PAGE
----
See, e.g., Revision of Part 22 and Part 90 of the Commission’s Rules, Second Report and Order and Further Notice of Proposed Rulemaking, 12 FCC Rcd 2732, 2739-40 (1997) (dismissing all pending paging applications and all applications filed after a certain date to facilitate transition to new geographic-area licensing system); Elleron Oil Company WVI Partners, Inc., 13 FCC Rcd at 17252.
 Report and Order, 15 FCC Rcd at 2230, para. 63.
 Id. at 2231, para. 65.
 Id. at 2232, para. 66.
 47 C.F.R. § 73.809.
 Reconsideration Order, 15 FCC Rcd at 19220, para. 29.
 See FNPRM, 20 FCC Rcd at 6780, para. 38 (noting that “the public interest may favor continued LPFM second- and third-adjacent channel operations over a subsequently authorized upgrade or new full-service station”).
 Id. at 6781, para. 39.
 See, e.g., Prometheus Reply Comments at 2. On March 5, 2007, the Commission received a petition for rulemaking requesting: (1) immediate issuance of a moratorium on the displacement of licensed LPFM stations and Class D Educational stations by new, relocating and/or upgrading full-power radio stations, and (2) a proposed rule permanently prohibiting or otherwise restricting such displacement. See Petition for Rulemaking of the Amherst Alliance, Talk Radio of Pahrump, Midwest Christian Media, Providence Community Radio and Nickolaus E. Leggett N3NL at 1. In light of the discussion herein, we dismiss this petition.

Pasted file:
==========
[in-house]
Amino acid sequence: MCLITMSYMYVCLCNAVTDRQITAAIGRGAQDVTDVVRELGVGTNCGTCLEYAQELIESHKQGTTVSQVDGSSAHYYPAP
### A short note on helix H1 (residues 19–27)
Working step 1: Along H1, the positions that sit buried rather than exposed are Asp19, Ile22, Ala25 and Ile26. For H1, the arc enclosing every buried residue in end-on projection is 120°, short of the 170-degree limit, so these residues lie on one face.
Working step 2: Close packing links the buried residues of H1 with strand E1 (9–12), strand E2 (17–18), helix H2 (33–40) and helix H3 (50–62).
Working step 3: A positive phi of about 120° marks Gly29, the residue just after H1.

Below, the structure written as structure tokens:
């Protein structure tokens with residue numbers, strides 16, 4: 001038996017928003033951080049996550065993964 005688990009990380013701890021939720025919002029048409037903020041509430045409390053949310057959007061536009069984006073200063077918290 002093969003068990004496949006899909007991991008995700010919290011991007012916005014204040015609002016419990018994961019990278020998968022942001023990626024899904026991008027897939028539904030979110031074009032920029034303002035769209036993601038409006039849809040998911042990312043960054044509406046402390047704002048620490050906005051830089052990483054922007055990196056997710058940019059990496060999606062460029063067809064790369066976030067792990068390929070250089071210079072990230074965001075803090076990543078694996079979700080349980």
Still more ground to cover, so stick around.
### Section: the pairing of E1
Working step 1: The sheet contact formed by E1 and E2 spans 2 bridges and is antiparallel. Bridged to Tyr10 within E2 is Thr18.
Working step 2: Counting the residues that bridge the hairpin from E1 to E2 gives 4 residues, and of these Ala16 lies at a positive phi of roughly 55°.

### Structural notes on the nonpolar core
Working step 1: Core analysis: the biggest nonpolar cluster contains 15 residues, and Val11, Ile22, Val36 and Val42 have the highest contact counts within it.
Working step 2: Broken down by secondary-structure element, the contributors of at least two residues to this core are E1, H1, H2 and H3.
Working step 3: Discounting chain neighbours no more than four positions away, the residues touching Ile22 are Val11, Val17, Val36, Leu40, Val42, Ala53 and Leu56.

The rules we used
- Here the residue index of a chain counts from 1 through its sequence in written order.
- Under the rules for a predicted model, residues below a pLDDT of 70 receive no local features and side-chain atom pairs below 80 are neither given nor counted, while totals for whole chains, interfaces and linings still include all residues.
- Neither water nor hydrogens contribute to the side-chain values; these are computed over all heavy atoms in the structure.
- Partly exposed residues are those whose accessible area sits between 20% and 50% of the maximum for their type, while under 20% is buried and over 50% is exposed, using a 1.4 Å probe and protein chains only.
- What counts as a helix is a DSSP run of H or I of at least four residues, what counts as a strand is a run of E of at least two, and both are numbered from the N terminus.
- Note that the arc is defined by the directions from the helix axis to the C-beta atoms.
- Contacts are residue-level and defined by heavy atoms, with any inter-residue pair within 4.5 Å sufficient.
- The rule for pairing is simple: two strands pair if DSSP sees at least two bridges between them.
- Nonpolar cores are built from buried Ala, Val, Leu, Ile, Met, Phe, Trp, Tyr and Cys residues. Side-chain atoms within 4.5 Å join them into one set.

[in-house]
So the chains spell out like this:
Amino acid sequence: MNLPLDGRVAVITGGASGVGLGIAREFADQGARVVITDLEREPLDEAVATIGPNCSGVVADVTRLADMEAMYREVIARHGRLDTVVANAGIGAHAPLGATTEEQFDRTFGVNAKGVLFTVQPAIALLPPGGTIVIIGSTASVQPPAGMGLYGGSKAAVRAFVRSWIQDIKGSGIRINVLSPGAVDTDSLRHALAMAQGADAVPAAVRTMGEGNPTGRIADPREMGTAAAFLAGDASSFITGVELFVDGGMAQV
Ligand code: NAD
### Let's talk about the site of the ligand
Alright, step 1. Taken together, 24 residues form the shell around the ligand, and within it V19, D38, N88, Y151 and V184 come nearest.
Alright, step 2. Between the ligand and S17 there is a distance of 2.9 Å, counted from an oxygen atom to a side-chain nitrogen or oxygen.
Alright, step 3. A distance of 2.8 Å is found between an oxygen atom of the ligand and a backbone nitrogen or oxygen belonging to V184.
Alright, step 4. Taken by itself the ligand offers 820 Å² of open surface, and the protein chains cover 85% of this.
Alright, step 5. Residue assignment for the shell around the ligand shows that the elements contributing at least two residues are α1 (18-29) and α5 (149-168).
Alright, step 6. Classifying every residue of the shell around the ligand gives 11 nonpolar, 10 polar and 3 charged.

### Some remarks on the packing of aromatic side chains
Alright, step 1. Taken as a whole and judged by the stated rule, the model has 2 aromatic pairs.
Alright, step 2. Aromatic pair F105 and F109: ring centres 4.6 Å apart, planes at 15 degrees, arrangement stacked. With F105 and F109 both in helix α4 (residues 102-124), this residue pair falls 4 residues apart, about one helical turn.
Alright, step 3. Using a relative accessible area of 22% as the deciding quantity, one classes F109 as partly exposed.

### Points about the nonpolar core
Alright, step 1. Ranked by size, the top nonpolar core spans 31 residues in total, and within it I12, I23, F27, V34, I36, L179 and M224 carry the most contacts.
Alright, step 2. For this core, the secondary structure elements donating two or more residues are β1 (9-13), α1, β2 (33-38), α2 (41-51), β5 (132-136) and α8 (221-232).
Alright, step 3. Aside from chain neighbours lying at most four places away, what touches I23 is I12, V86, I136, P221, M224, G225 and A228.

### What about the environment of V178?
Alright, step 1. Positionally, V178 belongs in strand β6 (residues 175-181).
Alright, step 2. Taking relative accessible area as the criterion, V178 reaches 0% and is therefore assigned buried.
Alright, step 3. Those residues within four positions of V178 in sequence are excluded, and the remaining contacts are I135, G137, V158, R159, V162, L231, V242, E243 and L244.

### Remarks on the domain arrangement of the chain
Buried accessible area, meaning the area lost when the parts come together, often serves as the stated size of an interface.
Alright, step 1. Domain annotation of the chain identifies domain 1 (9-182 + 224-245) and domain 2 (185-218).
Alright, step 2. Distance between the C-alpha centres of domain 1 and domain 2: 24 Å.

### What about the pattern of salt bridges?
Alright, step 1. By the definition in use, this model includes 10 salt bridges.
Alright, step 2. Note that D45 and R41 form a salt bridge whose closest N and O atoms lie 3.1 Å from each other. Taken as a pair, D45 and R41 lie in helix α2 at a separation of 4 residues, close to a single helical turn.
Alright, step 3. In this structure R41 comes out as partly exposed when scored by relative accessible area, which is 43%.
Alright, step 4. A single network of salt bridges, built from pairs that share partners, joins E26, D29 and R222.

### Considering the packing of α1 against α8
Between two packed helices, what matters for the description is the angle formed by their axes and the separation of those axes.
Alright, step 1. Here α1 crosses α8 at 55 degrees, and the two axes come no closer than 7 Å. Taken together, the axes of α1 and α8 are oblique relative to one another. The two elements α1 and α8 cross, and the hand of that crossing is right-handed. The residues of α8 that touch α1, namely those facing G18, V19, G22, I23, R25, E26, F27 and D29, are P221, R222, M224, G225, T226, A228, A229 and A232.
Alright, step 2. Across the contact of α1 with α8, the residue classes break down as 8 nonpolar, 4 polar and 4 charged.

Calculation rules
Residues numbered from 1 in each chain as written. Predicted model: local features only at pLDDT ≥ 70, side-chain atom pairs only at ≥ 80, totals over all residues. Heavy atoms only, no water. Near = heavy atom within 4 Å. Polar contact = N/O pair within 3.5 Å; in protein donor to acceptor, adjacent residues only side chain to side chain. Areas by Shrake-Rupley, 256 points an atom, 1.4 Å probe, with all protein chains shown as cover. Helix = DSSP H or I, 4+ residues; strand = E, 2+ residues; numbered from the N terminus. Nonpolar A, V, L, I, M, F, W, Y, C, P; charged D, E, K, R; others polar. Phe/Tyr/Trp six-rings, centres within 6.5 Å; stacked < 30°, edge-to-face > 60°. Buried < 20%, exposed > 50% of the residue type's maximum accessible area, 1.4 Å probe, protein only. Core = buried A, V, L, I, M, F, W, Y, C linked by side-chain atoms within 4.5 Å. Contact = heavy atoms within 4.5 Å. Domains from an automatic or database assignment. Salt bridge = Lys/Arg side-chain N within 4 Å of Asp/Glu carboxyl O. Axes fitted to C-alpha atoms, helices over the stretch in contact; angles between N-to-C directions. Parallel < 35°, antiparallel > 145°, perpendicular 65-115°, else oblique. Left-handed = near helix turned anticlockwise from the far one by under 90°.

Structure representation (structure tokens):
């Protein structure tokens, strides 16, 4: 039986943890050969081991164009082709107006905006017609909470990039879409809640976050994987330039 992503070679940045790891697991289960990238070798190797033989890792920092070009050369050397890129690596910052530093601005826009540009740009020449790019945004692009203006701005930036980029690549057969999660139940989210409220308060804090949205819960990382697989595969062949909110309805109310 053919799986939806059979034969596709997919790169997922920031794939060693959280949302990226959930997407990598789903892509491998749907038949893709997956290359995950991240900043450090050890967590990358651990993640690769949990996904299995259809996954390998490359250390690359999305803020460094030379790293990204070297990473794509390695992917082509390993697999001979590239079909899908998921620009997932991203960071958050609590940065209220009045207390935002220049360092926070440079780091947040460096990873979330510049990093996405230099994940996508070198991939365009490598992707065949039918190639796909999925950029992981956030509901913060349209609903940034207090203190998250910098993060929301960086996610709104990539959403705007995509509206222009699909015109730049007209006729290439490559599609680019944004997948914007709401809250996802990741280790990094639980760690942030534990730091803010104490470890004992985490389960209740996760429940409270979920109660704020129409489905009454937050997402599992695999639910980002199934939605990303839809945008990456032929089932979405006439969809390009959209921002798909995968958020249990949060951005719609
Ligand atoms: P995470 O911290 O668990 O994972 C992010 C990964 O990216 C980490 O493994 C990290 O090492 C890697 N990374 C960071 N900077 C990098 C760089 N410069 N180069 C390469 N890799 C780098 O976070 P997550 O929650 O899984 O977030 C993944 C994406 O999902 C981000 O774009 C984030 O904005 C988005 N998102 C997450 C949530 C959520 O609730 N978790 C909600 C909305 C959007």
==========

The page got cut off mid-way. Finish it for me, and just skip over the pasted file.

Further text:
See Prometheus, et. al., comments at 12-17.
 See Comments of NAB; Cox Radio, Inc.; Educational Media Foundation; Galaxy Communications, L.P.; Desert West; Air Ranchers Corp.; and NSBA.